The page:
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Case Reports in Surgery
Volume 2014 (2014), Article ID 781874, 2 pages
Case Report

Mediastinal Cystic Lymphangioma in a Patient with Situs Inversus Totalis

1Department of General Thoracic Surgery, Kyoto University Hospital, 54 Kawaharacho, Shogoin, Sakyo-ku, Kyoto 606-8507, Japan
2Department of General Thoracic Surgery, Kobe City Medical Center General Hospital, 1-1, 2 Tyoume, Minatozima-minamimachi, Tyuou-ku, Kobe, Hyogo 650-0047, Japan

Received 8 August 2014; Accepted 18 October 2014; Published 6 November 2014

Academic Editor: Christophoros Foroulis

Copyright © 2014 Teruya Komatsu and Yutaka Takahashi. This is an open access article distributed under the Creative Commons Attribution License, which permits unrestricted use, distribution, and reproduction in any medium, provided the original work is properly cited.


We present a case of cystic lymphangioma of the mediastinum complicated with situs inversus totalis. The 70-year-old man underwent thoracoscopic resection of a mediastinal cystic tumor, which was diagnosed as cystic lymphangioma. Cystic lymphangiomas are congenital cystic abnormalities of the lymphatic system. The head and neck area is often involved while the mediastinum is rarely affected. The rarity of this case is further attributed to the coexistence of situs inversus totalis.

1. Introduction

Cystic lymphangioma is a rare congenital anomaly of the lymph system, usually detected within 2 years after birth [1]. The most commonly affected sites are the cervical and axillary areas. Mediastinal cystic lymphangioma is rare, accounting for 0.7% to 4.5% of all mediastinal tumors [2]. To our knowledge, this is the first report of a case of mediastinal cystic lymphangioma with coexistence of situs inversus totalis.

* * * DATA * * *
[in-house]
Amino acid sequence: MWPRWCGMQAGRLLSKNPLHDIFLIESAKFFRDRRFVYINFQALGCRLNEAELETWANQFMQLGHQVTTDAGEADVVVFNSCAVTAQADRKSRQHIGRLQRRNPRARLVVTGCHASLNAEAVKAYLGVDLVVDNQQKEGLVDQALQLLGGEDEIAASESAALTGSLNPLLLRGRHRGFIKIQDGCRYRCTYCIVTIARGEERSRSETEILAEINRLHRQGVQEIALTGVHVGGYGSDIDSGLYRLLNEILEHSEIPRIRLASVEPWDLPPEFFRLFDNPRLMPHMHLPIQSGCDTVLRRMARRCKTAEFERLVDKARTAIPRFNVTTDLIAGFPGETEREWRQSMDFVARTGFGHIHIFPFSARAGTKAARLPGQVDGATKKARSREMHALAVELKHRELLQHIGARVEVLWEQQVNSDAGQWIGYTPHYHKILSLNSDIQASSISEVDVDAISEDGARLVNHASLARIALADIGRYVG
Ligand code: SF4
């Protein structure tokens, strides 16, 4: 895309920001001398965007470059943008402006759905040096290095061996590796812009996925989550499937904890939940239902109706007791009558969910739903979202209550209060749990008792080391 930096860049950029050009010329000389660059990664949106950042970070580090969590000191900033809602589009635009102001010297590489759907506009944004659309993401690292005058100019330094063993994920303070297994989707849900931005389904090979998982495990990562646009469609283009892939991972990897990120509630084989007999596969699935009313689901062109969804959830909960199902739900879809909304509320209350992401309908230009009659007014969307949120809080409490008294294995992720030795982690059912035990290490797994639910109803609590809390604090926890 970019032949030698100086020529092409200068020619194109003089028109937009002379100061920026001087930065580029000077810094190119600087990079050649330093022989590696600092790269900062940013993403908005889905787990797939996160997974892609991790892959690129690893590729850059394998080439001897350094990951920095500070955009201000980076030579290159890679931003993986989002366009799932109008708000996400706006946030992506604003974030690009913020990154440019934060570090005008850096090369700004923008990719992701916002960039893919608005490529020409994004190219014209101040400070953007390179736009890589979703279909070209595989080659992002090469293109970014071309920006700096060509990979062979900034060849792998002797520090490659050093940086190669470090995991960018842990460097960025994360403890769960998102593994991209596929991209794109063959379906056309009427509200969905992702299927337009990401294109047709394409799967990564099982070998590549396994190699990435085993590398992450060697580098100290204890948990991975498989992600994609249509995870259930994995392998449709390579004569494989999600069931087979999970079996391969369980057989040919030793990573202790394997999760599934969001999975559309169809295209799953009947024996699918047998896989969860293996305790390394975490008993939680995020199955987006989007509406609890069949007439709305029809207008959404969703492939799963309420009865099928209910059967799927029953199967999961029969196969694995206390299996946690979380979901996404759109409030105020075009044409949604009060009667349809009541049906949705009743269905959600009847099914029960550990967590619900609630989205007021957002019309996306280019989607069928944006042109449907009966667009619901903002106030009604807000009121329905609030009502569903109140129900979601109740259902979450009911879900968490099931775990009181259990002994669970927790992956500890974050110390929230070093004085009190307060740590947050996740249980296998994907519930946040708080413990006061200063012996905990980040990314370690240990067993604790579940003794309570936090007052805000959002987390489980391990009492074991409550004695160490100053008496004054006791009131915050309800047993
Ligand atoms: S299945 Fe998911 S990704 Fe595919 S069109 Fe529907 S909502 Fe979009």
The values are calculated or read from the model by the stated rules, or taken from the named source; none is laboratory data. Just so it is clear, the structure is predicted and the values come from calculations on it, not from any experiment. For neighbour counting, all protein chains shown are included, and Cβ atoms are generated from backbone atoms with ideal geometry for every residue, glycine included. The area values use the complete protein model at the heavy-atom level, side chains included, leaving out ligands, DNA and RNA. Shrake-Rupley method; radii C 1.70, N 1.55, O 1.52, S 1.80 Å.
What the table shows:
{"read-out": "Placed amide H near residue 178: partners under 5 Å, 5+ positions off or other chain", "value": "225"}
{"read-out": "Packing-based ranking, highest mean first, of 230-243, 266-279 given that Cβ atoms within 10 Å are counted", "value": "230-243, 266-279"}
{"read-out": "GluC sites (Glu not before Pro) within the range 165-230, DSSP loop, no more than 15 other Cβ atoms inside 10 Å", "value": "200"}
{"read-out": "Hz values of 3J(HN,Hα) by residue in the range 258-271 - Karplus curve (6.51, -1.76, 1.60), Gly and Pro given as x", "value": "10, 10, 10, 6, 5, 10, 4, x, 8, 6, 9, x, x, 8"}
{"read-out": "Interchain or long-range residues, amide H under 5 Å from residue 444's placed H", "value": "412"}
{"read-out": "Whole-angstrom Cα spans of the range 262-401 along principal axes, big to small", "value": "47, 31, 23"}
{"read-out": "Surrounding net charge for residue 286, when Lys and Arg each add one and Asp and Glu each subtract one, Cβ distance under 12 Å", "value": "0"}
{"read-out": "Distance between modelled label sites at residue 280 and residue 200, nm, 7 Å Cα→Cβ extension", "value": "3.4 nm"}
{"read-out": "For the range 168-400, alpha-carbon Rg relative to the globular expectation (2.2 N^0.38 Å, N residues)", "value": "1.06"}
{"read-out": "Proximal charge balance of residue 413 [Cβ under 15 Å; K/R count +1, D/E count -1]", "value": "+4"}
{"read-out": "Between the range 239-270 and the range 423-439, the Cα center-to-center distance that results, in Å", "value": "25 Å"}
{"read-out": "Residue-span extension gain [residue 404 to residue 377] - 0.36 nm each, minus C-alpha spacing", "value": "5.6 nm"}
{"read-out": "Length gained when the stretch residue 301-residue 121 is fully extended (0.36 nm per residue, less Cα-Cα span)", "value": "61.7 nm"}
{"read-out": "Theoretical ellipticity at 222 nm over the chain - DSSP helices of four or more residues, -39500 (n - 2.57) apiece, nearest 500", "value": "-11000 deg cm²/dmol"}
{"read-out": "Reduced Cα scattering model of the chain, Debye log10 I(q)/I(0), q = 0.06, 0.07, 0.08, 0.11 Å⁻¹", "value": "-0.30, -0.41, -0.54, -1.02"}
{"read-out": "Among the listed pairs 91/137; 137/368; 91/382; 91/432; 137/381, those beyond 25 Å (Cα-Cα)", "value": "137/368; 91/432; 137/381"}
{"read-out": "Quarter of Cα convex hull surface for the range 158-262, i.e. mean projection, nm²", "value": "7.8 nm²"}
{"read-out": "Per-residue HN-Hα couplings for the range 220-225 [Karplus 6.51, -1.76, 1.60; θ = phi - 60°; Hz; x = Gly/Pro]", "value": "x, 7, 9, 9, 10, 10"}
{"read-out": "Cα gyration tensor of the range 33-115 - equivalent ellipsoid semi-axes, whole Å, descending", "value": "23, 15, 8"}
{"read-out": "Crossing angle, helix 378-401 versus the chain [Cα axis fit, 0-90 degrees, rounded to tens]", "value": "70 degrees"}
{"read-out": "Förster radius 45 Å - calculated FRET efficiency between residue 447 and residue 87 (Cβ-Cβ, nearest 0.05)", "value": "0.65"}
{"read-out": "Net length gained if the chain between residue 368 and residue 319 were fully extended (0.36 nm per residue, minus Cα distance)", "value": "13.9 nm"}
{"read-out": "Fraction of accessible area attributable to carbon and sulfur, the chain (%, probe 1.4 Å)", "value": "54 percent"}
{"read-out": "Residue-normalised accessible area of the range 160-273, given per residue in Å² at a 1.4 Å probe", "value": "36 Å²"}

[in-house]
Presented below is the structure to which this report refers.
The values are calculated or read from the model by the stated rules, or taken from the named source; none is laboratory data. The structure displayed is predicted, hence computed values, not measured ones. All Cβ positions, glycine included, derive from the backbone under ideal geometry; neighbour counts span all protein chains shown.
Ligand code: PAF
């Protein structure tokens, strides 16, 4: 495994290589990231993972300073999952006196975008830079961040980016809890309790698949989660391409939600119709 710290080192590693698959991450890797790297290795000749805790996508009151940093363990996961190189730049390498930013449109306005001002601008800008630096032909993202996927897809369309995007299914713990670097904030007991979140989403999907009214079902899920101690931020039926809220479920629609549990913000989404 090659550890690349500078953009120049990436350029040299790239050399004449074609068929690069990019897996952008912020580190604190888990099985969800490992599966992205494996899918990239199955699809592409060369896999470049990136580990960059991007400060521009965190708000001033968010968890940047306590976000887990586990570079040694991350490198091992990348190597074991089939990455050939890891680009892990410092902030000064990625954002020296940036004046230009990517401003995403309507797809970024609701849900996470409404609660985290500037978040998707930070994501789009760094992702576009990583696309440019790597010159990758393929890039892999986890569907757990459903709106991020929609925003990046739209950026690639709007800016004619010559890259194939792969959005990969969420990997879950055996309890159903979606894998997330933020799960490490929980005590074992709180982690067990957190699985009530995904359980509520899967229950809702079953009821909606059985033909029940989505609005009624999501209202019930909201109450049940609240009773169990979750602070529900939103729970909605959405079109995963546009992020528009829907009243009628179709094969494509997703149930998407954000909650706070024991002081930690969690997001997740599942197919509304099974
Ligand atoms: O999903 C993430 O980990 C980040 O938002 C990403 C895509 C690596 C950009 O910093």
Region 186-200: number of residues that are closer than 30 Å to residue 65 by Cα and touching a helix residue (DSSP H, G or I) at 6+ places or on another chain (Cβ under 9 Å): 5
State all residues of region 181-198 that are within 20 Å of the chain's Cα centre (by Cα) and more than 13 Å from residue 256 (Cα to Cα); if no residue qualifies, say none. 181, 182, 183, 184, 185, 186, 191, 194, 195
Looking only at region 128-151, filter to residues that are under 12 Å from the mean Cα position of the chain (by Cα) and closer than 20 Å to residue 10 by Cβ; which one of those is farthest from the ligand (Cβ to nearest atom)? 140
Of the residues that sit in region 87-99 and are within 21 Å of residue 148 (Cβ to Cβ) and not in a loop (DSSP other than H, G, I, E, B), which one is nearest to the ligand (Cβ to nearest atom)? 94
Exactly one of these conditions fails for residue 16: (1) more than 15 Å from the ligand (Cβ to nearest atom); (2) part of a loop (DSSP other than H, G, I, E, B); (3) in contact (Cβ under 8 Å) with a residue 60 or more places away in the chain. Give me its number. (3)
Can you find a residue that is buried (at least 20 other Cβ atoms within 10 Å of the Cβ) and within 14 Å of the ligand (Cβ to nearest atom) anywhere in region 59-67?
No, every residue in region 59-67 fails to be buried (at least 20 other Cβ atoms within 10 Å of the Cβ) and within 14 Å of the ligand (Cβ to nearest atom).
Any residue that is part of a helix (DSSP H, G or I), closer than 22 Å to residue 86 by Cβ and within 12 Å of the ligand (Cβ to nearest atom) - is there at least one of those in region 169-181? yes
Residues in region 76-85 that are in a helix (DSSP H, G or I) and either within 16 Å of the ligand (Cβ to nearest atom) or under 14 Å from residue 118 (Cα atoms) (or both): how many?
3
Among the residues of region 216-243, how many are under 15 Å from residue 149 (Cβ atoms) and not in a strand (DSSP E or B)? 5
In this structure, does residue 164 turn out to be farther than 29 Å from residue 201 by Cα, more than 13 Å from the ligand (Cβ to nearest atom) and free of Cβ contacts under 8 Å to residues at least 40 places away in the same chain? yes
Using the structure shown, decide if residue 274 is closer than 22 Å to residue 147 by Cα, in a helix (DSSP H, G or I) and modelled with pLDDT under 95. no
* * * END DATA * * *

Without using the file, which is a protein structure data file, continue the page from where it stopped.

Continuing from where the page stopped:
2. Case Report

A 70-year-old man was referred to our hospital for further investigation of a large mediastinal mass. This was detected on chest radiography performed for the assessment of dyspnea on exertion. The patient’s past medical history included a subtotal gastrectomy for gastric cancer at the age of 60, with no other reported comorbidities. The previous chest X-ray for the preoperative workup of gastric cancer was not available; however, the perioperative course for the gastric cancer had been uneventful. Chest and abdominal computed tomography (CT) on referral showed the well demarcated mass of 80 mm in diameter, which was abutting the surrounding structures (the right chest wall, bilateral visceral pleura, and aortic arch) and situs inversus totalis. The internal homogenously low attenuation area was consistent with a cystic tumor (Figure 1(a)). The cystic nature was reconfirmed with magnetic resonance image (MRI) which showed the high intensity area of T2 weighted images (Figure 1(b)). Any other tumorous lesion was not found radiologically. Considering the radiological characteristics of the tumor, it had been strongly suspected to be cystic, and a less invasive procedure like transthoracic or bronchoscopic biopsy was supposed less likely to yield definitive diagnosis. Therefore, for therapeutic as well as diagnostic purposes, video-assisted thoracoscopic surgery was performed. The large size of the cystic tumor resulted in the obstruction of the operative field. In order to decrease its size, we performed aspiration of the cystic fluid which was serous and amounted to approximately 200 mL, and subsequently the cystic capsule was dissected and removed. The situs inversus totalis did not obstruct the thoracoscopic procedure. The specimen was confirmed to be a cystic lymphangioma on the basis of the histopathology report (Figure 2). The patient’s postoperative recovery was uneventful, and the postoperative follow-up was performed for 2 years without any relapse.